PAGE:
Perhaps I might be usefully imploy’d on the bords of the Mississipi haveing a perfect Knowledge of that vast region & the Diffrent nations of Indians who inhabit the Country bordering thereon—
your answer to the present, Citizen President will be ever gratefully acknowledged by a true Republicain & a reil friend to his native Country
I refer you to Citizen James Munroe for information Relitive to my moral & political Charecter,
Salut et Respect
RC (DNA: RG 59, LAR); English date supplied; addressed: “Au Citoyen Gefferson President, des États unis de L’amerique á Washington”; endorsed by TJ as received 24 July and so recorded in SJL with notation “for an office.” Dupl (same); endorsed by TJ as received 26 Aug., but recorded in SJL under 25 Aug. with notation “Off.”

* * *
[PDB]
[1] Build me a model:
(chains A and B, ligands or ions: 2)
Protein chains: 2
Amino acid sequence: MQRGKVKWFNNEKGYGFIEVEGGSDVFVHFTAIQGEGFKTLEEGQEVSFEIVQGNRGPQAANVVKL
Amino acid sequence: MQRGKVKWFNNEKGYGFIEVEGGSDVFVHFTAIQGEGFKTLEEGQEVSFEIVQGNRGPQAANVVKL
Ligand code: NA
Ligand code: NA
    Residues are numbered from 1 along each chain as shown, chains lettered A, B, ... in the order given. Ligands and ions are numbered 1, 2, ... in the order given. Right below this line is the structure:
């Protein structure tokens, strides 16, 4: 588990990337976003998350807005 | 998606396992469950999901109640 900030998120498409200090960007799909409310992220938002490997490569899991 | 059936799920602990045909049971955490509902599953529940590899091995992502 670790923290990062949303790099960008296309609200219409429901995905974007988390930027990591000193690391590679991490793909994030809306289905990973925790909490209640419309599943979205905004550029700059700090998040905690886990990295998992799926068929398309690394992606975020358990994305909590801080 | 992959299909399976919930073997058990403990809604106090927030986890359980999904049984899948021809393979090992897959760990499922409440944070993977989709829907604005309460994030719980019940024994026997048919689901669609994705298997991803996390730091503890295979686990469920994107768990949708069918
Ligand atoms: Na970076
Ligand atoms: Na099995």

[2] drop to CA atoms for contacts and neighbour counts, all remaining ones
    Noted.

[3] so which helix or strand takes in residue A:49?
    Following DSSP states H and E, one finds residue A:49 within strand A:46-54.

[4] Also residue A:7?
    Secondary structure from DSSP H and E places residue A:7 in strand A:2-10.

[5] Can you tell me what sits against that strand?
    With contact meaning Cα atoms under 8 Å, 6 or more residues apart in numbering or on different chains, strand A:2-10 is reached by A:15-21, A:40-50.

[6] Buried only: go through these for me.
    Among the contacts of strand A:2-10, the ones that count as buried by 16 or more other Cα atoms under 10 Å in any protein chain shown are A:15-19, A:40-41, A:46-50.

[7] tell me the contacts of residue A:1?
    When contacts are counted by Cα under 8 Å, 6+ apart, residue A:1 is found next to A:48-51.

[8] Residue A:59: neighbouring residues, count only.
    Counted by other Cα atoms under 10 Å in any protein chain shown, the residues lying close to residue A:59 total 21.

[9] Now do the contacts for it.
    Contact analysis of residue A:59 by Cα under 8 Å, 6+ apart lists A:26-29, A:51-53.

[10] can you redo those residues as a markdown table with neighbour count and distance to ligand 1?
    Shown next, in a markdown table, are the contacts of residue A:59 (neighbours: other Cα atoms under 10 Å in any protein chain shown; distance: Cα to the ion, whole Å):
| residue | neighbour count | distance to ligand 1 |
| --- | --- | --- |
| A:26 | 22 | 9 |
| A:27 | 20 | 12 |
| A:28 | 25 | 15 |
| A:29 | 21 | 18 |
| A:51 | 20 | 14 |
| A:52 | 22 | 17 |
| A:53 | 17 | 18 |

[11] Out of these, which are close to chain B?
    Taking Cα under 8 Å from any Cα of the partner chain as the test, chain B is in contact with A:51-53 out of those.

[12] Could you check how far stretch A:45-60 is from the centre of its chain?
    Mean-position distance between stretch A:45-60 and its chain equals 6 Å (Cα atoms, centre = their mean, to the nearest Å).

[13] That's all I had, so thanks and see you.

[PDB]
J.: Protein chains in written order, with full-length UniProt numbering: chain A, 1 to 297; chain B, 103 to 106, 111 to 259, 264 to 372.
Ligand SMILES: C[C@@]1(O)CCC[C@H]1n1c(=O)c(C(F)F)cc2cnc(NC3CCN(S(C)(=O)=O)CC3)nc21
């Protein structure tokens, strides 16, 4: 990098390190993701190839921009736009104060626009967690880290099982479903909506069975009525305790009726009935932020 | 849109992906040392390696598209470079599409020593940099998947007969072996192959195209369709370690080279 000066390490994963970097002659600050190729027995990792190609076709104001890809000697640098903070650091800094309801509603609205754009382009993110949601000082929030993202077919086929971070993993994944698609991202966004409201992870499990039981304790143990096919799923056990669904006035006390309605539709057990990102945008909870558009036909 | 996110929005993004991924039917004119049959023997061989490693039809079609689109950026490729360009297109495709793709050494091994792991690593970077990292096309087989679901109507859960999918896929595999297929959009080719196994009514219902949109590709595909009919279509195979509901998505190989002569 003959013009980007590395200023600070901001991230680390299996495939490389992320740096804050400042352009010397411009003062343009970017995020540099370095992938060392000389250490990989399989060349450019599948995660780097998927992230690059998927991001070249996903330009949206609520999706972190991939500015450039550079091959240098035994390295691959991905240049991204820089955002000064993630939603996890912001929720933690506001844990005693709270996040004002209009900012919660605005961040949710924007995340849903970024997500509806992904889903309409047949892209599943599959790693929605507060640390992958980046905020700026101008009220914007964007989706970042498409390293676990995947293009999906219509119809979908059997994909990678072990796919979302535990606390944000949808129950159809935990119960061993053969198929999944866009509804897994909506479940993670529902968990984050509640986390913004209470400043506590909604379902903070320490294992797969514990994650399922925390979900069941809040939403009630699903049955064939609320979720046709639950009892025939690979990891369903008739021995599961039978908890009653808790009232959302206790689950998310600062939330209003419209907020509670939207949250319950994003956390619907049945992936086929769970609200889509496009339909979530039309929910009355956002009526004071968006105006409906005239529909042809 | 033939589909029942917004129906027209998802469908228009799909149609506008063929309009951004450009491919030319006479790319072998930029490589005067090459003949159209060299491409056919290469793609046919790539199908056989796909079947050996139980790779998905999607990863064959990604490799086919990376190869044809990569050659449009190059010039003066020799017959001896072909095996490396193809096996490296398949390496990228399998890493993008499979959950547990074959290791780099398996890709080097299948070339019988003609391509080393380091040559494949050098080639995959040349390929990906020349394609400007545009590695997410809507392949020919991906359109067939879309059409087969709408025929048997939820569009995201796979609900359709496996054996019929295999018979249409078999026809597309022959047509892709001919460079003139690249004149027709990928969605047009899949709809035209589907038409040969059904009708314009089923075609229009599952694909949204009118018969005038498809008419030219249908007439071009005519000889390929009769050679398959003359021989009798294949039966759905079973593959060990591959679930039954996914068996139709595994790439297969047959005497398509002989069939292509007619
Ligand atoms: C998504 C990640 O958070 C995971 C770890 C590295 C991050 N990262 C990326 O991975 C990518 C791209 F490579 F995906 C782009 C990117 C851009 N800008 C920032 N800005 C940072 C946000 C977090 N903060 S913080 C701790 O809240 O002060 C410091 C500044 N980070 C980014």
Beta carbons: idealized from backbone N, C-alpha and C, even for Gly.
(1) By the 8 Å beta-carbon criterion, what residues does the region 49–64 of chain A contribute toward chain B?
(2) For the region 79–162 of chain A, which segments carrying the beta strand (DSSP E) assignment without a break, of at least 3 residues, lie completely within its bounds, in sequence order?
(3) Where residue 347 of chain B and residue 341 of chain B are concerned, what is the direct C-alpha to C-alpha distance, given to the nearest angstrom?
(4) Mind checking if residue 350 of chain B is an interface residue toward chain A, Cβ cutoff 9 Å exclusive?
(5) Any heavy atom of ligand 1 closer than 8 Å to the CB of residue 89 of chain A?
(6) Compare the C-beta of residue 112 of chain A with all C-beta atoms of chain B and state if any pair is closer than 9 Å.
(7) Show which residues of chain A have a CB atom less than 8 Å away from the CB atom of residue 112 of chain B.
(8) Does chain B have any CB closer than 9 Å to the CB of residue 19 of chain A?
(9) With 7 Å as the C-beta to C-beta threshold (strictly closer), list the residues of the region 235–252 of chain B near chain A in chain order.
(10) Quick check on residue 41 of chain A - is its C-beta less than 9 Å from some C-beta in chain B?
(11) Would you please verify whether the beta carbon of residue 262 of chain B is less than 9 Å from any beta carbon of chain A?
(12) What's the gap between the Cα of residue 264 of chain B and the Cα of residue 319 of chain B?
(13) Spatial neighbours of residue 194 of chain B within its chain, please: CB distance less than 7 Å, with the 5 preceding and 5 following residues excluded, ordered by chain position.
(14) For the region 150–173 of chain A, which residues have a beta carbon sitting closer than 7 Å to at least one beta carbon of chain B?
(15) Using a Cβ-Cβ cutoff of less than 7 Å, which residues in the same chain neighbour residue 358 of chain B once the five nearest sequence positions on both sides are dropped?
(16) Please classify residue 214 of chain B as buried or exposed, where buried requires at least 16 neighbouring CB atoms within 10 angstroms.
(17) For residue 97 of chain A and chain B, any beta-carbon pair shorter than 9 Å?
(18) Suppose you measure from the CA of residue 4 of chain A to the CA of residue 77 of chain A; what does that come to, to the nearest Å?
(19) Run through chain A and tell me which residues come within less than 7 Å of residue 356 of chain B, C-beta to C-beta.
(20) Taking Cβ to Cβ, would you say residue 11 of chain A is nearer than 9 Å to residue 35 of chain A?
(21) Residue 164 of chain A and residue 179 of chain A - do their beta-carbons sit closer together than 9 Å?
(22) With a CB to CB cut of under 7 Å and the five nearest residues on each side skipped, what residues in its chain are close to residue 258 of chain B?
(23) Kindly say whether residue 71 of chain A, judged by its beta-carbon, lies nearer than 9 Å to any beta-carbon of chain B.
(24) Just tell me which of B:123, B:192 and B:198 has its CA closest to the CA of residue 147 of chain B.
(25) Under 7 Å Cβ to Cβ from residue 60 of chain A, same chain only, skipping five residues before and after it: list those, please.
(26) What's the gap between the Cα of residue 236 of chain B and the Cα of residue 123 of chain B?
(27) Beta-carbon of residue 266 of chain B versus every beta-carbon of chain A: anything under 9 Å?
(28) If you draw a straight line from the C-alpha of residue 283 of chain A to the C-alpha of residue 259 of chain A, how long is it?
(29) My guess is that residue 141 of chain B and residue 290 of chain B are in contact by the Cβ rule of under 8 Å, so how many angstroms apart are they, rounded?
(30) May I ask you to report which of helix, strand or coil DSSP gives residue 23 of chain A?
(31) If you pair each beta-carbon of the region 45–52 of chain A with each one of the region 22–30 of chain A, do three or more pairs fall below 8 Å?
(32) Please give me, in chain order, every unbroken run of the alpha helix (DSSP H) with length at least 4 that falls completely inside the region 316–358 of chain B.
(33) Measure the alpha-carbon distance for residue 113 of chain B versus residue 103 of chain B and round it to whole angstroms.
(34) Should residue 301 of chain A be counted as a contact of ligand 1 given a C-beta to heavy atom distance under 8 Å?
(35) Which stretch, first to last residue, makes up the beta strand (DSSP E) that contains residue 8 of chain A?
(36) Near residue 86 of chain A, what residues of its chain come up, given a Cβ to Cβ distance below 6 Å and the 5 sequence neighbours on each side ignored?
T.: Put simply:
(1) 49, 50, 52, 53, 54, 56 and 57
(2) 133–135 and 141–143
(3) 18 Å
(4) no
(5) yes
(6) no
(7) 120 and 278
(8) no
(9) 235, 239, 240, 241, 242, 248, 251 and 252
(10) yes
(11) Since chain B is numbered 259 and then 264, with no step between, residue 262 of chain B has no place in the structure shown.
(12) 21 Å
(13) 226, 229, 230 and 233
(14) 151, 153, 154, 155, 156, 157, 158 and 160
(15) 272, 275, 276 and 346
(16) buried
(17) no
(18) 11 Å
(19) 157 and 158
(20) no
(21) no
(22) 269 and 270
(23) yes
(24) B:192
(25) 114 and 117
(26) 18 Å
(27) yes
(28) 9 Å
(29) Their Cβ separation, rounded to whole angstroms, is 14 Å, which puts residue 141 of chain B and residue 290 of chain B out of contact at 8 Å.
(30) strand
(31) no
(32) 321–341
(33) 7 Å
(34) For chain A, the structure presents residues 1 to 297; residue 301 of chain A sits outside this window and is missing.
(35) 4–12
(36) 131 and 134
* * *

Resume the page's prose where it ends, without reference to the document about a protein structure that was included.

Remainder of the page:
Refer you to citizen James Munroe: TJ received the letter above with a hastily drafted statement by James Monroe, who reported that James Madison had sent him Fulton’s letter by way of Milton, Virginia. Noting that Joel Barlow had referred to Fulton “as one having some skill in mechanics,” Monroe reported that he had become acquainted with Fulton in Paris in the winter of 1794–95, when Monroe was U.S. minister to France. Monroe learned at that time that Fulton was in France with General “Chaise” (Auguste Lachaise), who in 1793 played a leading role in an intended scheme by Edmond Charles Genet to restore the Mississippi Valley to French control. Monroe met with Fulton and used information from him to discredit Lachaise’s attempt to gain the ear of the French government. A faction within the Washington administration, Monroe believed, was using Lachaise “with a view to involve us in a war with France.” In support of that argument, Monroe discussed a forged letter, purportedly by Fulton, that was published in American newspapers. Monroe had also caught a rumor of something said by Rufus King in London that indicated the “attention” that the Federalists were giving to Fulton. The only letter that Fulton had written from France about the western intrigue was one that he composed to John Breckinridge at Monroe’s suggestion and with his guidance “to tranquilize the western people on the subject of the missisippi.” On Monroe’s advice, Fulton wrote a refutation of the fraudulent letter. That rebuttal, which intimated that Timothy Pickering was involved in the publication of the forgery, never appeared in the United States even though two copies were sent by separate ships from France. Monroe thought that Fulton’s refutation of the forgery may have been “laid hold of in the post office & suppressed” and that “the postmaster Habersham must have some knowledge” of what had transpired. Believing that members of the Washington administration were involved in manipulating the separatist plots of Lachaise, Monroe did not report his contact with Fulton to the U.S. government—nor, lacking concrete evidence, did he discuss the affair in the book he wrote after his recall from France (View of the Conduct of the Executive). In 1793 the Spanish envoys in the United States, Josef de Jaudenes and Josef Ignacio de Viar, had warned TJ, who was then secretary of state, of the intentions of Lachaise, a native of Louisiana. TJ then advised President Washington, Secretary of War Henry Knox, and Isaac Shelby, the governor of Kentucky, of the situation. Fulton was in New Orleans by August 1802 and spent the next several years seeking a commission from the American government. Following the sale of Louisiana to the United States, Fulton entered the service of Spain and commanded the Spanish militia in West Florida. He subsequently became active in efforts to annex the territory to the U.S. (MS in DNA: RG 59, LAR, in Monroe’s hand with emendations, undated, unaddressed, and unsigned, endorsed by TJ “Fulton for office” and as received 26 Aug. 1801, but recorded in SJL under 25 Aug. in association with Fulton’s letter printed above; Madison, Papers description begins William T. Hutchinson, Robert A. Rutland, J. C. A. Stagg, and others, eds., The Papers of James Madison, Chicago and Charlottesville, 1962–, 29 vols. description ends , 16:304n, 397–8, 401; Madison, Papers, Sec. of State Ser., 3:247, 470; Madison, Papers, Pres. Ser., 2:305, 320–1, 5:390; Vol. 27:176–80, 311–14).